Leading Article: A most serious crime, so why has no one been punished?

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The Independent Culture
TEN YEARS ago this newspaper started to expose what has since become Britain's longest-running corruption scandal: the activities of the West Midlands Police Serious Crime Squad. Since then 32 prisoners - the latest only last week - have been released by Appeals Tribunals persuaded that they had been convicted on Crime Squad evidence which was uncorroborated, unreliable and very probably forged. Even now, all these years later, there are still at least seven more appeals pending.

By the end of this sorry affair it is likely that nearly 40 citizens, most notably the Birmingham Six, will have been wrongly convicted after being framed by this notorious, and now disbanded, "elite" squad.

What there has not been, however, and may well never be, is the conviction of a single detective concerned. Despite a full investigation by the Police Complaints Authority, which sent the files on six officers to the Director of Public Prosecutions, and a recommendation that disciplinary charges be brought against seven detectives, just four of the Squad's officers were ever admonished, and then only for minor disciplinary offences.

There are any number of explanations, or rather excuses. Juries are reluctant to convict police officers, not least because the witnesses against them are by nature of bad character themselves. There is also a difference between deciding that confessions or notes of "verbals" are "unsafe"and actually proving that they were forged.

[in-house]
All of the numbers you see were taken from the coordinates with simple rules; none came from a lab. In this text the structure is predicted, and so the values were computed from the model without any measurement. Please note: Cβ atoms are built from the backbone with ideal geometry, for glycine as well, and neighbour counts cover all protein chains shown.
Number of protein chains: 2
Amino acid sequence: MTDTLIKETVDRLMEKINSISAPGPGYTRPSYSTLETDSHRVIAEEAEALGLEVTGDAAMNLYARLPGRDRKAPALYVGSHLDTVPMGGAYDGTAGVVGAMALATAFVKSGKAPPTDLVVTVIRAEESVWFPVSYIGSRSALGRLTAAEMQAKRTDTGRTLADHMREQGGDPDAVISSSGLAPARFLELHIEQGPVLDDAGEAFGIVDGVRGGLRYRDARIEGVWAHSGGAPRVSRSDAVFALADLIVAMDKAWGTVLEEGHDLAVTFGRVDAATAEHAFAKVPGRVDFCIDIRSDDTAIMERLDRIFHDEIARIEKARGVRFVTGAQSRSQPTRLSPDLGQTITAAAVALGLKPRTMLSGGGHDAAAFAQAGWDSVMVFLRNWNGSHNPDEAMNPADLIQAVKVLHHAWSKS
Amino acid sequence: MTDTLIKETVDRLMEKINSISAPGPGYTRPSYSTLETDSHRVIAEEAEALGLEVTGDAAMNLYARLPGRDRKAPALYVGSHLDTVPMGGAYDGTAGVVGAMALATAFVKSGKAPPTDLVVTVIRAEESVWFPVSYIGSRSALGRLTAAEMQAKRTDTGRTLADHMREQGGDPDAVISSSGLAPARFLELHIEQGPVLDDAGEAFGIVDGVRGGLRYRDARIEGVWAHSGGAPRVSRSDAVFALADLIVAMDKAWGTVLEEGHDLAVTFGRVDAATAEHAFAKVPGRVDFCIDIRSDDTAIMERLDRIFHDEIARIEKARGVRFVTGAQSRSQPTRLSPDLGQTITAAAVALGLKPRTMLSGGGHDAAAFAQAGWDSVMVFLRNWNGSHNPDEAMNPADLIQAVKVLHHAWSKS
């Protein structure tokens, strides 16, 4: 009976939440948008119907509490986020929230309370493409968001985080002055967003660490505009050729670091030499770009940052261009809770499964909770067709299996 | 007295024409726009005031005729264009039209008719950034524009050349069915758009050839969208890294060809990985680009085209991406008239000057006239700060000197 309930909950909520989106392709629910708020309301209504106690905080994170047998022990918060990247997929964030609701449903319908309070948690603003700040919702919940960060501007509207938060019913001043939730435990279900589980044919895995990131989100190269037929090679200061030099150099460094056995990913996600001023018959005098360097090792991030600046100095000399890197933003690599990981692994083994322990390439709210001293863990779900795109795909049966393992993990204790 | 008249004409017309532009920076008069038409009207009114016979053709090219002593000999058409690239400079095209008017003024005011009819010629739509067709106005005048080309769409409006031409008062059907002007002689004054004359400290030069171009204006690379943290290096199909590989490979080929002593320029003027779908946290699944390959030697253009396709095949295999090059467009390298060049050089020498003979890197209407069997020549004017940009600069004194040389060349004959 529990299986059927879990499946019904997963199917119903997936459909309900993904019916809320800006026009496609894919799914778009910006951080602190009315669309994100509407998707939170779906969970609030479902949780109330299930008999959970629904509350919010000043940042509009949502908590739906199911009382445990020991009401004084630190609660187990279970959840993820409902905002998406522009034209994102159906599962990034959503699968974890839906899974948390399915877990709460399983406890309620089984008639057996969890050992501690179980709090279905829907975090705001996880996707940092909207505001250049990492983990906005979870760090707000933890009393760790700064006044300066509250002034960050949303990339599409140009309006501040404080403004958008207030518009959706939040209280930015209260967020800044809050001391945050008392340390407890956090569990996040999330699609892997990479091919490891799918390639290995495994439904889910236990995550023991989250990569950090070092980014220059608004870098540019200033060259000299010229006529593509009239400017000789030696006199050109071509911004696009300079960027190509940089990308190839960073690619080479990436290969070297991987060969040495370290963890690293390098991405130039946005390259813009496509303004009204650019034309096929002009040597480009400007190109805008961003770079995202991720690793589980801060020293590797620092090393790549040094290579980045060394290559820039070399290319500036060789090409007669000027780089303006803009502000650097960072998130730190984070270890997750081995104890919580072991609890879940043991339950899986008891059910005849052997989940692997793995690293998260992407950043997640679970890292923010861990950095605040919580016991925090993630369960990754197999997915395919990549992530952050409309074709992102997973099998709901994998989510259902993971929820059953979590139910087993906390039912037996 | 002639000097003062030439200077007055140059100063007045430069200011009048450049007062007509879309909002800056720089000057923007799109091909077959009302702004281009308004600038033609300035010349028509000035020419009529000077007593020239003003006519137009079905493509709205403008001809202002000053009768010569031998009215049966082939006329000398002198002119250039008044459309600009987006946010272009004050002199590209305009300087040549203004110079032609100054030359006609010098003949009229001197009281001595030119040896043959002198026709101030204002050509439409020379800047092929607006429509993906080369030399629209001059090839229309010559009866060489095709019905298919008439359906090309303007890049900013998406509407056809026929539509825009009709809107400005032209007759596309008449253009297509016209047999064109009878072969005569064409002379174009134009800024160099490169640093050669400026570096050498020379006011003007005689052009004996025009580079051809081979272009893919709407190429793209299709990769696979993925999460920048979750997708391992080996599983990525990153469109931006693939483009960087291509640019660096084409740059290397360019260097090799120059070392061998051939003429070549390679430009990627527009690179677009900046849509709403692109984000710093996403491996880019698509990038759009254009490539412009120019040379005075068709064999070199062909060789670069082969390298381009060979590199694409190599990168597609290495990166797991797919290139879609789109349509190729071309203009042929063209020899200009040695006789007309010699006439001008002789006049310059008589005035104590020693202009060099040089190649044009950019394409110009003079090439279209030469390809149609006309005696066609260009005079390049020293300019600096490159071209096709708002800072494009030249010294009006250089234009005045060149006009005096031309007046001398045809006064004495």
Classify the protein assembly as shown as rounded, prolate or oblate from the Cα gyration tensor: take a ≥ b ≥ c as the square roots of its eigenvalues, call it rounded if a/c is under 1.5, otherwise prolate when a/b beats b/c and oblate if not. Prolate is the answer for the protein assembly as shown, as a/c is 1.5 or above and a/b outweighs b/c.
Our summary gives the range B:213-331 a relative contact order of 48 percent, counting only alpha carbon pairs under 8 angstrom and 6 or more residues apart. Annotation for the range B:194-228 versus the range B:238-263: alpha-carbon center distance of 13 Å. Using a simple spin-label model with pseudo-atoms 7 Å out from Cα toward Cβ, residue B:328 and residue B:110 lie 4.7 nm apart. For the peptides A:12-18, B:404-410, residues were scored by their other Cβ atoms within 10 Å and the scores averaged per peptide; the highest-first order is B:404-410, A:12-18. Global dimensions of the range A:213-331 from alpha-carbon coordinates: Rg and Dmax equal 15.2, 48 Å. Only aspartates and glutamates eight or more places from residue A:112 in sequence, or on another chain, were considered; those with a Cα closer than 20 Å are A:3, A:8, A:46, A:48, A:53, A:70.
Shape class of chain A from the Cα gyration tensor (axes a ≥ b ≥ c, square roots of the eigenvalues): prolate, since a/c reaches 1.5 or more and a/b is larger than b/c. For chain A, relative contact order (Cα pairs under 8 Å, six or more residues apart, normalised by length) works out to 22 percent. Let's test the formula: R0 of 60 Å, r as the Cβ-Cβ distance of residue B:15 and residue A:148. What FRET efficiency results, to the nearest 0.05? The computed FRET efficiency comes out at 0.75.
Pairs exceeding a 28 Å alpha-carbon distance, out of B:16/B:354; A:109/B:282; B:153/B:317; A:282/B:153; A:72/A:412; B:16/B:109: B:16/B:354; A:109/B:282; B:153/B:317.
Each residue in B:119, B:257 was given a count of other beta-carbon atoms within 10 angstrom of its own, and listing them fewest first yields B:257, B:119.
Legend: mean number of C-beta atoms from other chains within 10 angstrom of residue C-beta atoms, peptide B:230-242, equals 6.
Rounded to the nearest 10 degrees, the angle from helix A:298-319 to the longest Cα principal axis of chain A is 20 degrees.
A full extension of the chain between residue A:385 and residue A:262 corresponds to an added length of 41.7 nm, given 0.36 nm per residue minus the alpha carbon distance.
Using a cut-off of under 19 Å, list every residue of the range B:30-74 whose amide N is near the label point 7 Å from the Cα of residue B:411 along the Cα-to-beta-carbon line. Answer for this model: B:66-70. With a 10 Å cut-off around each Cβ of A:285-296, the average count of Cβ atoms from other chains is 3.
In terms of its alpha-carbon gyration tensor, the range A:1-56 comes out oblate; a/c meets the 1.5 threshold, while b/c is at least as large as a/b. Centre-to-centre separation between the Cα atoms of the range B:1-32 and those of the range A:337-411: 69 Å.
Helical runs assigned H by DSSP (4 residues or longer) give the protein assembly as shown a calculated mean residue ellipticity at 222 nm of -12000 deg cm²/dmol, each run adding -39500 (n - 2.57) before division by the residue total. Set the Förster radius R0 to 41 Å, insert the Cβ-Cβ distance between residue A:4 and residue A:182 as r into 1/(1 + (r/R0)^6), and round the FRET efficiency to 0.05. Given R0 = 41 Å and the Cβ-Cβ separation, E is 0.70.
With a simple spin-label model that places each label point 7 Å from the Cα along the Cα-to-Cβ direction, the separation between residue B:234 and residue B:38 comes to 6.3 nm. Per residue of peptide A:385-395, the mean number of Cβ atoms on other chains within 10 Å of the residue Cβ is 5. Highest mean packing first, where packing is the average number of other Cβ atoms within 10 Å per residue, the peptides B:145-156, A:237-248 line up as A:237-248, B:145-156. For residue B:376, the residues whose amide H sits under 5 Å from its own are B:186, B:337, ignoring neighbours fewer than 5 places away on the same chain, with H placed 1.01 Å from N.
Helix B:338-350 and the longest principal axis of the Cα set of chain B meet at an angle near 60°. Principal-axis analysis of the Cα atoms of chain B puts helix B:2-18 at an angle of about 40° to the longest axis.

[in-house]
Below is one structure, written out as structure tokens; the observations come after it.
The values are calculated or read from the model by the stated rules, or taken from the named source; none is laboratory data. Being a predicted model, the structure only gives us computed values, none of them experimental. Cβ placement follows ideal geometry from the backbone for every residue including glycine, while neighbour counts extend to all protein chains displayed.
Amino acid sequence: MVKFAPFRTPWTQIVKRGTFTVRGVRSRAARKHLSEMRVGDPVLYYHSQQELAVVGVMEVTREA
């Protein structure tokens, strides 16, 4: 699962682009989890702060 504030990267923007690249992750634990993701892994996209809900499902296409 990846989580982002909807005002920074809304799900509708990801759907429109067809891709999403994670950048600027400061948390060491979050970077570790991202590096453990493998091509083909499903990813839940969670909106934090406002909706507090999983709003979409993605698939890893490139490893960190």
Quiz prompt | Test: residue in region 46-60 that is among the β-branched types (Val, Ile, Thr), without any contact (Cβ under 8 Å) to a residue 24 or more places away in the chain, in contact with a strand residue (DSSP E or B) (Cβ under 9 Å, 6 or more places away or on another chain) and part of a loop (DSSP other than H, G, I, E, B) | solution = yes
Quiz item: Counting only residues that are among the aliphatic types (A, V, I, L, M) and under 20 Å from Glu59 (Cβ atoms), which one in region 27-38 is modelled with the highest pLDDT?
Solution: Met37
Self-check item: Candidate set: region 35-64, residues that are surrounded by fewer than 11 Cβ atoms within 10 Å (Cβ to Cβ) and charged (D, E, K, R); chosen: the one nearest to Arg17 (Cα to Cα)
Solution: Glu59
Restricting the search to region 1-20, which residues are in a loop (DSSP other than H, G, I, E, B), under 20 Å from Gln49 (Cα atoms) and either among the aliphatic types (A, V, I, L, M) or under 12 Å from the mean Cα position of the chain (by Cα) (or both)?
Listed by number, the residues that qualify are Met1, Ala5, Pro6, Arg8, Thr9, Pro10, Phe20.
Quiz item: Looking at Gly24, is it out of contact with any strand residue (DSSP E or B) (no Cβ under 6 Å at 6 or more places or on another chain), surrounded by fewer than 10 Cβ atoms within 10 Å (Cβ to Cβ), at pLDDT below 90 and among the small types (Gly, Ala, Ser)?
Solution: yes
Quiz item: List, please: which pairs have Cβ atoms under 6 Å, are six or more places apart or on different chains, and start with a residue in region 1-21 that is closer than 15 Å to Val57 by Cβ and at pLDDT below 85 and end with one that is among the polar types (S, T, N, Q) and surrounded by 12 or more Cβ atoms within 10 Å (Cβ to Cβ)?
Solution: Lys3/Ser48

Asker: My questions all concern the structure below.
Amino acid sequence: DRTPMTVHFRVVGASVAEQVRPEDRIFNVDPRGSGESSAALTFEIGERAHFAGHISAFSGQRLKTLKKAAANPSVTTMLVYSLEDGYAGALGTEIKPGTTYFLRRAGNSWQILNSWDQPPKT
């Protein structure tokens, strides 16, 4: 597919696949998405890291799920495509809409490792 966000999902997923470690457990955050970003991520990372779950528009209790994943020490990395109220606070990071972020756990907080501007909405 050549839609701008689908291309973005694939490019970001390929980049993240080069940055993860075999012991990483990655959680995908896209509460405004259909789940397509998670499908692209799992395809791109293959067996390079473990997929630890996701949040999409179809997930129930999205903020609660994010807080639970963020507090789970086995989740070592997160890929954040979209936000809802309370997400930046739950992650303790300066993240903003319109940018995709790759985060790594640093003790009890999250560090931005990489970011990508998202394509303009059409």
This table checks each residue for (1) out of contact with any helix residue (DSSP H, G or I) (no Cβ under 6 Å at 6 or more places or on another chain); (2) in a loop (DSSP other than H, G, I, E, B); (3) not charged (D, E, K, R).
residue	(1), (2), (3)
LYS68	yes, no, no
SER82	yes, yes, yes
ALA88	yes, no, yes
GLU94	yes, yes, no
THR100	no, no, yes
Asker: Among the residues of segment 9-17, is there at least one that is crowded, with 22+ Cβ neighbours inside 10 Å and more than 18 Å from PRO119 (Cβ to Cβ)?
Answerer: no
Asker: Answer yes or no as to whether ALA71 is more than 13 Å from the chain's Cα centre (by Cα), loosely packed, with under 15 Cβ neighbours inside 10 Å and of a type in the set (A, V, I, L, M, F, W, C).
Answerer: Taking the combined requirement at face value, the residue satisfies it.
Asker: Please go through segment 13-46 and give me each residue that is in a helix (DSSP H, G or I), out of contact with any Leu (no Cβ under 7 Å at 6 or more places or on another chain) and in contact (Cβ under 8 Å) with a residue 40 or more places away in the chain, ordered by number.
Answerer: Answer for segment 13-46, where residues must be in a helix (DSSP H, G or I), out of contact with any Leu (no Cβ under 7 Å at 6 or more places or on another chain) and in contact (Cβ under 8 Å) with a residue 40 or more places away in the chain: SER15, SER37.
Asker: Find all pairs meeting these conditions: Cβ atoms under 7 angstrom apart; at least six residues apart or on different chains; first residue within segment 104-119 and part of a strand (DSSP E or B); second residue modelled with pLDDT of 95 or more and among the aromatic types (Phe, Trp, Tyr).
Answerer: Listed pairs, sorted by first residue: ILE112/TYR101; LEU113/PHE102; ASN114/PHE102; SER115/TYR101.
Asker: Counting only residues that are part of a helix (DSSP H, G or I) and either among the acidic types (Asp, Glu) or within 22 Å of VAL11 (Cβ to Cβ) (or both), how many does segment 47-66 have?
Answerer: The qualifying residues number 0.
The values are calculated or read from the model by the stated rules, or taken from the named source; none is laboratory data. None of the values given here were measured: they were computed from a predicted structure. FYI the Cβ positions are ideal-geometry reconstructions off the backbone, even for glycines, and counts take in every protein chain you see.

However, it is hard to avoid the feeling that the system, when it comes to police scandals, is weighed heavily on one side of the balance. That is exactly the kind of impression that the police must seek to end. In the aftermath of the Stephen Lawrence case, with a full-scale investigation going on into corruption in the Metropolitan police and with the appeals against Midlands convictions still going on, the police must be seen to clean up their act.

The remedies are there. It is long since time that independent outside investigation of complaints against the police was established. There is no acceptable reason for the delays in taking action against officers - let alone the kind of delays that allow police to retire before disciplinary action is considered. And it is long after time that officers alleged to have been guilty of fraud and criminal tampering with evidence should be prosecuted. It may be that juries do not like to convict officers who take short cuts with the law. But it is for a jury to decide that, not a prosecution service so intimately involved with the police.